"Weakness: Morgu dislikes running water, and rainfall is his greatest bane. Rainfall delivers hits to Morgu, 5-50 per round in a downpour."

- Shadow World Master Atlas Addendum (1990); page 46

(Note: It is not plausible that the Loremasters would have known he has this weakness.)

Morgu is described as having found hundreds of gogor "hidden away in ancient crypts on Kulthea", which is the root of the modern text of Marlu delving into crypts, and "has succeeded in awakening them from their log hibernation after the Great Conflict at the end of the First Era." The text for the gogor itself has "dark priests" searching "deep in lost caverns and the ruins of ancient citadels", where they were "guided by hints millennia old", and "found crypts" with "row upon row of stone jars". The huge throne and corridor is not necessarily contemporaneous with the dark priests represented in the shrine.

The theme of the Unlife and the Dark Gods working together in the Wars of Dominion raises the question of the identity of the priests. They could specifically be Morgu cultists. They might be "forces of the Unlife", perhaps members of the Dark Path, which is a theocracy of Kadaena and may thus naturally have interest in Morgu. It is unclear if they are distinct from the hooded figure "minions" of Uthex.

[Dark Shrine, Altar]
The low stone altar is covered with dark stains.  One corner of the altar has been broken off, and several of the hideous faces and figures carved into the stone walls have been smashed.  Large iron braziers, covered with rust and corrosion, stand at each end of the altar table.  A cracked brass gong hangs from a wooden brace along the north wall, facing an ancient tapestry which hangs directly opposite.
Obvious exits: west.

>look tapestry
Dark images of sycophants, dressed in long black robes surround a low stone altar similar to the one in this room.  The figure of a man, twisted and broken, lies on the surface of the stone table while another dark shape pours some foul looking fluid from a small urn out over the tortured man's body.

>go tapestry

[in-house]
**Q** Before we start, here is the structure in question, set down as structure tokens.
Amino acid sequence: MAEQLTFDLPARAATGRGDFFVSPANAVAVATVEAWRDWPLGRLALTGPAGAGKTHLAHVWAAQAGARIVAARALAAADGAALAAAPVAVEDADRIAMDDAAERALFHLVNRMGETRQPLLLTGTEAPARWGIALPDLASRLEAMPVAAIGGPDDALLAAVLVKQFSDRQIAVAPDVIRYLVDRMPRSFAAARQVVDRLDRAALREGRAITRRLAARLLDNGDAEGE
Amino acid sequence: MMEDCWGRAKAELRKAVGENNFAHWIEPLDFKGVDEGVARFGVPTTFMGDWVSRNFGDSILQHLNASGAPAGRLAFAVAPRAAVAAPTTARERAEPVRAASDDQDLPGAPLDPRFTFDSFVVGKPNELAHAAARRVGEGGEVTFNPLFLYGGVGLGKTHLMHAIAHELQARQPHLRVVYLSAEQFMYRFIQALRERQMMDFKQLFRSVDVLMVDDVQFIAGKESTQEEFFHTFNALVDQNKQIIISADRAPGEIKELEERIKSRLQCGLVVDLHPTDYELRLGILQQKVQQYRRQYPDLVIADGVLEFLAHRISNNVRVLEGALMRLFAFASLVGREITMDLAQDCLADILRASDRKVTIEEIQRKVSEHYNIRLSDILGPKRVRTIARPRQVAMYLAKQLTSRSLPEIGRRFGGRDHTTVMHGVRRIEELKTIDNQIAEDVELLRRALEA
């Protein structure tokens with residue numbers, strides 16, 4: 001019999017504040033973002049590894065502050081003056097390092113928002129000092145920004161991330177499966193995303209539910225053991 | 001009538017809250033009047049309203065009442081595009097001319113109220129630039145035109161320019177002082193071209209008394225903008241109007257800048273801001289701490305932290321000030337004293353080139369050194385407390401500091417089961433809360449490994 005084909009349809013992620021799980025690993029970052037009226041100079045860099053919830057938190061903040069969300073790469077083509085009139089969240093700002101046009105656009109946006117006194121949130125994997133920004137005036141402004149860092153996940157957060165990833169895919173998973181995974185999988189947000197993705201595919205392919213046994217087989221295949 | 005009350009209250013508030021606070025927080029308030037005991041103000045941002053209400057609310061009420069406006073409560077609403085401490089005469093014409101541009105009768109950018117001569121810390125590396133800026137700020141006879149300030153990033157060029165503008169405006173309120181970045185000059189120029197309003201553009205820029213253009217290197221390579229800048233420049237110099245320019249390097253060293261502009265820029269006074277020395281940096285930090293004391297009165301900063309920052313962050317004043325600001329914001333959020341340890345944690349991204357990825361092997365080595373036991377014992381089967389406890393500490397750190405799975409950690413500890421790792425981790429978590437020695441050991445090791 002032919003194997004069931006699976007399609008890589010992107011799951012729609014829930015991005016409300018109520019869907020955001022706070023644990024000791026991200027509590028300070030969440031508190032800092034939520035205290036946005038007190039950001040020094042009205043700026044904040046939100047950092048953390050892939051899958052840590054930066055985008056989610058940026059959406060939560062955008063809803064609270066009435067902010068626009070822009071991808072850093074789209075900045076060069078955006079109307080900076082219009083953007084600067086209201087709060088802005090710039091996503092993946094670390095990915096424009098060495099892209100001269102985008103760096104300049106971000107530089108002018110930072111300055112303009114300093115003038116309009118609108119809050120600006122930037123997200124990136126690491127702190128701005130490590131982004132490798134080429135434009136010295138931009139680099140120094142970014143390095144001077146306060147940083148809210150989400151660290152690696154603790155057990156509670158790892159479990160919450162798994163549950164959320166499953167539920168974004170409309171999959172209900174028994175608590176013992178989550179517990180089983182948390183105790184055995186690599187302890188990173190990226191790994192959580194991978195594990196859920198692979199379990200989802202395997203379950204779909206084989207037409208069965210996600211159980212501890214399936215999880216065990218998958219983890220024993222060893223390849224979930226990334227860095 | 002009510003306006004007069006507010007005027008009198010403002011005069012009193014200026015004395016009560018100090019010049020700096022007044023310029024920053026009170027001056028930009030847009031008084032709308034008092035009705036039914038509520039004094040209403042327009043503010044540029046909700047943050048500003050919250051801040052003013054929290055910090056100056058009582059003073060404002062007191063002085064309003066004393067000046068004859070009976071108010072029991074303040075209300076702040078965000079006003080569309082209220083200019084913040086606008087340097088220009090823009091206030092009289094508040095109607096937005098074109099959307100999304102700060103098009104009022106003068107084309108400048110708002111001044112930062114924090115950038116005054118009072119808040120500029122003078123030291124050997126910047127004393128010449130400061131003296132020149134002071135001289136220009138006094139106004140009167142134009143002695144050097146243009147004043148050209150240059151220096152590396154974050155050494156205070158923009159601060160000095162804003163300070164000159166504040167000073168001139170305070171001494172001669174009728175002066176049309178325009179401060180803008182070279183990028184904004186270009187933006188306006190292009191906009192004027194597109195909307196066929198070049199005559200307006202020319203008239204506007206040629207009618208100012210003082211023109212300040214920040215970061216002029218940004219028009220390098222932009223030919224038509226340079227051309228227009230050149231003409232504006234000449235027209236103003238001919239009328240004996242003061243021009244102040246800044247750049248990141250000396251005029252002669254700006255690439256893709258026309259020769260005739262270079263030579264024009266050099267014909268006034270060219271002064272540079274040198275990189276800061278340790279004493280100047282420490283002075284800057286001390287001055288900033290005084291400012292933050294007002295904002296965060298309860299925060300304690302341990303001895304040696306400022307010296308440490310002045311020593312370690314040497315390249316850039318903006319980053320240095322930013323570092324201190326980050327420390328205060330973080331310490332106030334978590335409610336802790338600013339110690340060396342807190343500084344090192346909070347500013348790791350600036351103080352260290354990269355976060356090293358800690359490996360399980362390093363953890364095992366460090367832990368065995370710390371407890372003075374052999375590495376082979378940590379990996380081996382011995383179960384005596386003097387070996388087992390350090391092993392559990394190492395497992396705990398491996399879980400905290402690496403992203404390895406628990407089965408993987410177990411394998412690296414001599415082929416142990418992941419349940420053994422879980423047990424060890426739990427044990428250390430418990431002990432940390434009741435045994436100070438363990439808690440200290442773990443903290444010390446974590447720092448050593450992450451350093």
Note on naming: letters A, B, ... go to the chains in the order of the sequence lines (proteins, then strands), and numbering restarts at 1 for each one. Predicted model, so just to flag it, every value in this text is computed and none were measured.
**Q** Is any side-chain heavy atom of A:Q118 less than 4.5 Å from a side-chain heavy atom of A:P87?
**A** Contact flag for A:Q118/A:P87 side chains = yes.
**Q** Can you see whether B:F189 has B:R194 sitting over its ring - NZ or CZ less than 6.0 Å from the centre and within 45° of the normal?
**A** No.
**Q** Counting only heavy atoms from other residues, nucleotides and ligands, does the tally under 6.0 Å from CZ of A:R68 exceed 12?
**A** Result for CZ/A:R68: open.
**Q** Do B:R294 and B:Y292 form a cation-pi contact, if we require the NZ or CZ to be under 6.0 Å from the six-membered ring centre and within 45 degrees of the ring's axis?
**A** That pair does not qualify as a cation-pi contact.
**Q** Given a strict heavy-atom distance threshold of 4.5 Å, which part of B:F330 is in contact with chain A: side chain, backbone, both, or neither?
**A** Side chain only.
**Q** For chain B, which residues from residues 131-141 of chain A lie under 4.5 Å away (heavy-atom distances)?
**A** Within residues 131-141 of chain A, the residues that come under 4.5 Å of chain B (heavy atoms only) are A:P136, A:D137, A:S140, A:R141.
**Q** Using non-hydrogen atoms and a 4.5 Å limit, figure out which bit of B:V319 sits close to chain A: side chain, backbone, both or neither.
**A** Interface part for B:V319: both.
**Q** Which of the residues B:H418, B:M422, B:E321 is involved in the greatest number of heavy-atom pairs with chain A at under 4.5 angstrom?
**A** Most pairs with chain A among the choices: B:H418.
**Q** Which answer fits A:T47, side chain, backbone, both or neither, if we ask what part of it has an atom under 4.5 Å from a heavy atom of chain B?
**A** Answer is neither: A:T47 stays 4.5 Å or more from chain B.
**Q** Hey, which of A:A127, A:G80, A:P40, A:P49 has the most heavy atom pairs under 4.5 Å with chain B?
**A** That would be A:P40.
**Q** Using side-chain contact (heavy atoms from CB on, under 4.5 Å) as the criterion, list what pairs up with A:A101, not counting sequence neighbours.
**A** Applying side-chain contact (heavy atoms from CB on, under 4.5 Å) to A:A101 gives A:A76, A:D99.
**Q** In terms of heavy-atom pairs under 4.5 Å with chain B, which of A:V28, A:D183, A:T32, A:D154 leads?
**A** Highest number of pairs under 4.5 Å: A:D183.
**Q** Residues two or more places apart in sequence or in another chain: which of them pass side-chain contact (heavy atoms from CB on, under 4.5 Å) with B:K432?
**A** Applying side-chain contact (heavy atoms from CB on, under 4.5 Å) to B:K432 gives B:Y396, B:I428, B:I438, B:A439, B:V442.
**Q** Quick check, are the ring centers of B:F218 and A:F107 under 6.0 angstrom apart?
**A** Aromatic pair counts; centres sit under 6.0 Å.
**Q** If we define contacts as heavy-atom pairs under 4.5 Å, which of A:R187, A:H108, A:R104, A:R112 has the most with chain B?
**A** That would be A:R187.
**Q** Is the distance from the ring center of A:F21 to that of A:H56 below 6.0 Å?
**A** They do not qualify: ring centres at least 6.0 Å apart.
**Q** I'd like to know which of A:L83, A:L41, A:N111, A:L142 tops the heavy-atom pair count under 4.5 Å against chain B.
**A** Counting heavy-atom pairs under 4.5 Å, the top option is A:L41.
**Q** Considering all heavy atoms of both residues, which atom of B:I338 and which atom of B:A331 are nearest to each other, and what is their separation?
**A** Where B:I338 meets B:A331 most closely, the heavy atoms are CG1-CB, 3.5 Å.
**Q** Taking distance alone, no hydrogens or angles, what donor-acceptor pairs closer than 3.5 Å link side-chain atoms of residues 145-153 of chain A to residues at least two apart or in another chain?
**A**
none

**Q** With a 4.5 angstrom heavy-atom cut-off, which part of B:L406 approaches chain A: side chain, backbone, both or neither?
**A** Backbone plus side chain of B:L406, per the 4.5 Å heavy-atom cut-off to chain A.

[Dark Shrine, Secret Room]
Row upon row of tall stone jars stand against the walls of this room.  A strong odor hangs in the air, sickeningly sweet with a subtle bitter, acidic quality.  The fetid odor makes your bile rise, and it is hard to breathe.
Obvious exits: out.

>look jar
Dozens, perhaps a hundred tall stone jars stand in rows along the walls.  The jars have been capped with stone disks, and sealed with a substance resembling common stone mason's mortar.

(Note: "Row upon row" is a direct quote from the Gogor section of the Shadow World source material about what the dark priests found in the First Era crypts. "Hundred" comes from the line about Morgu's own collecting.)

[Dark Shrine, Storage Room]
Several tall stone jars lie on their sides in a heap along one wall next to a stack of heavy stone disks.  Along the opposite wall is a collection of large ceramic urns, which reek with a fetid sweet odor.
Obvious exits: out.

>look in jar
There is nothing in there.

>look urn
The lid of the ceramic urn has been broken, and part of it has fallen away.

>look in urn
In the ceramic urn you see some dark fluid.

>look fluid
A bitter, pungent odor rises from the dark, disgusting fluid that fills the ceramic urn.

(Note: It is interesting that there are a hundred sealed jars in the secret room, but these several near the crypt of the priests are emptied of their gogor. Combined with "minor gogor" this might be hinting that these were created in the Second Era using First Era knowledge. But it might only mean these were the ones woken with the ritual.)

This allows three possibilities: Morgu himself brought the stone jars to this place in the Second Era; Morgu found the stone jars there in the Second Era and it was turned into a shrine for him; Morgu dwelled here with his gogor in the First Era and it was dark priests in the Second Era who awoke these gogor. The Iruaric invoking element on the dark cavern entrance is no older than the statue of Morgu in the Dark Shrine, and the other side is Iruaric written in an alphabetic form rather than hieroglyphs. The destruction of the library and graven images suggests the Loremasters raided this temple in 6521 Second Era.

[Dark Shrine, Library]
Fire has destroyed most of this room.  Charred shelves filled with ashes and the remains of countless volumes of books and scrolls line the walls.  Several tall desks occupy the center of the room, like the stumps of lightning struck trees.  The brass lamps suspended from the ceiling on long chains are covered with soot, and a patina of green and grey corrosion.
Obvious exits: out.

>look on shelves
On the charred shelves you see some ashes and some burned books.

>look books
The books are damaged beyond recognition.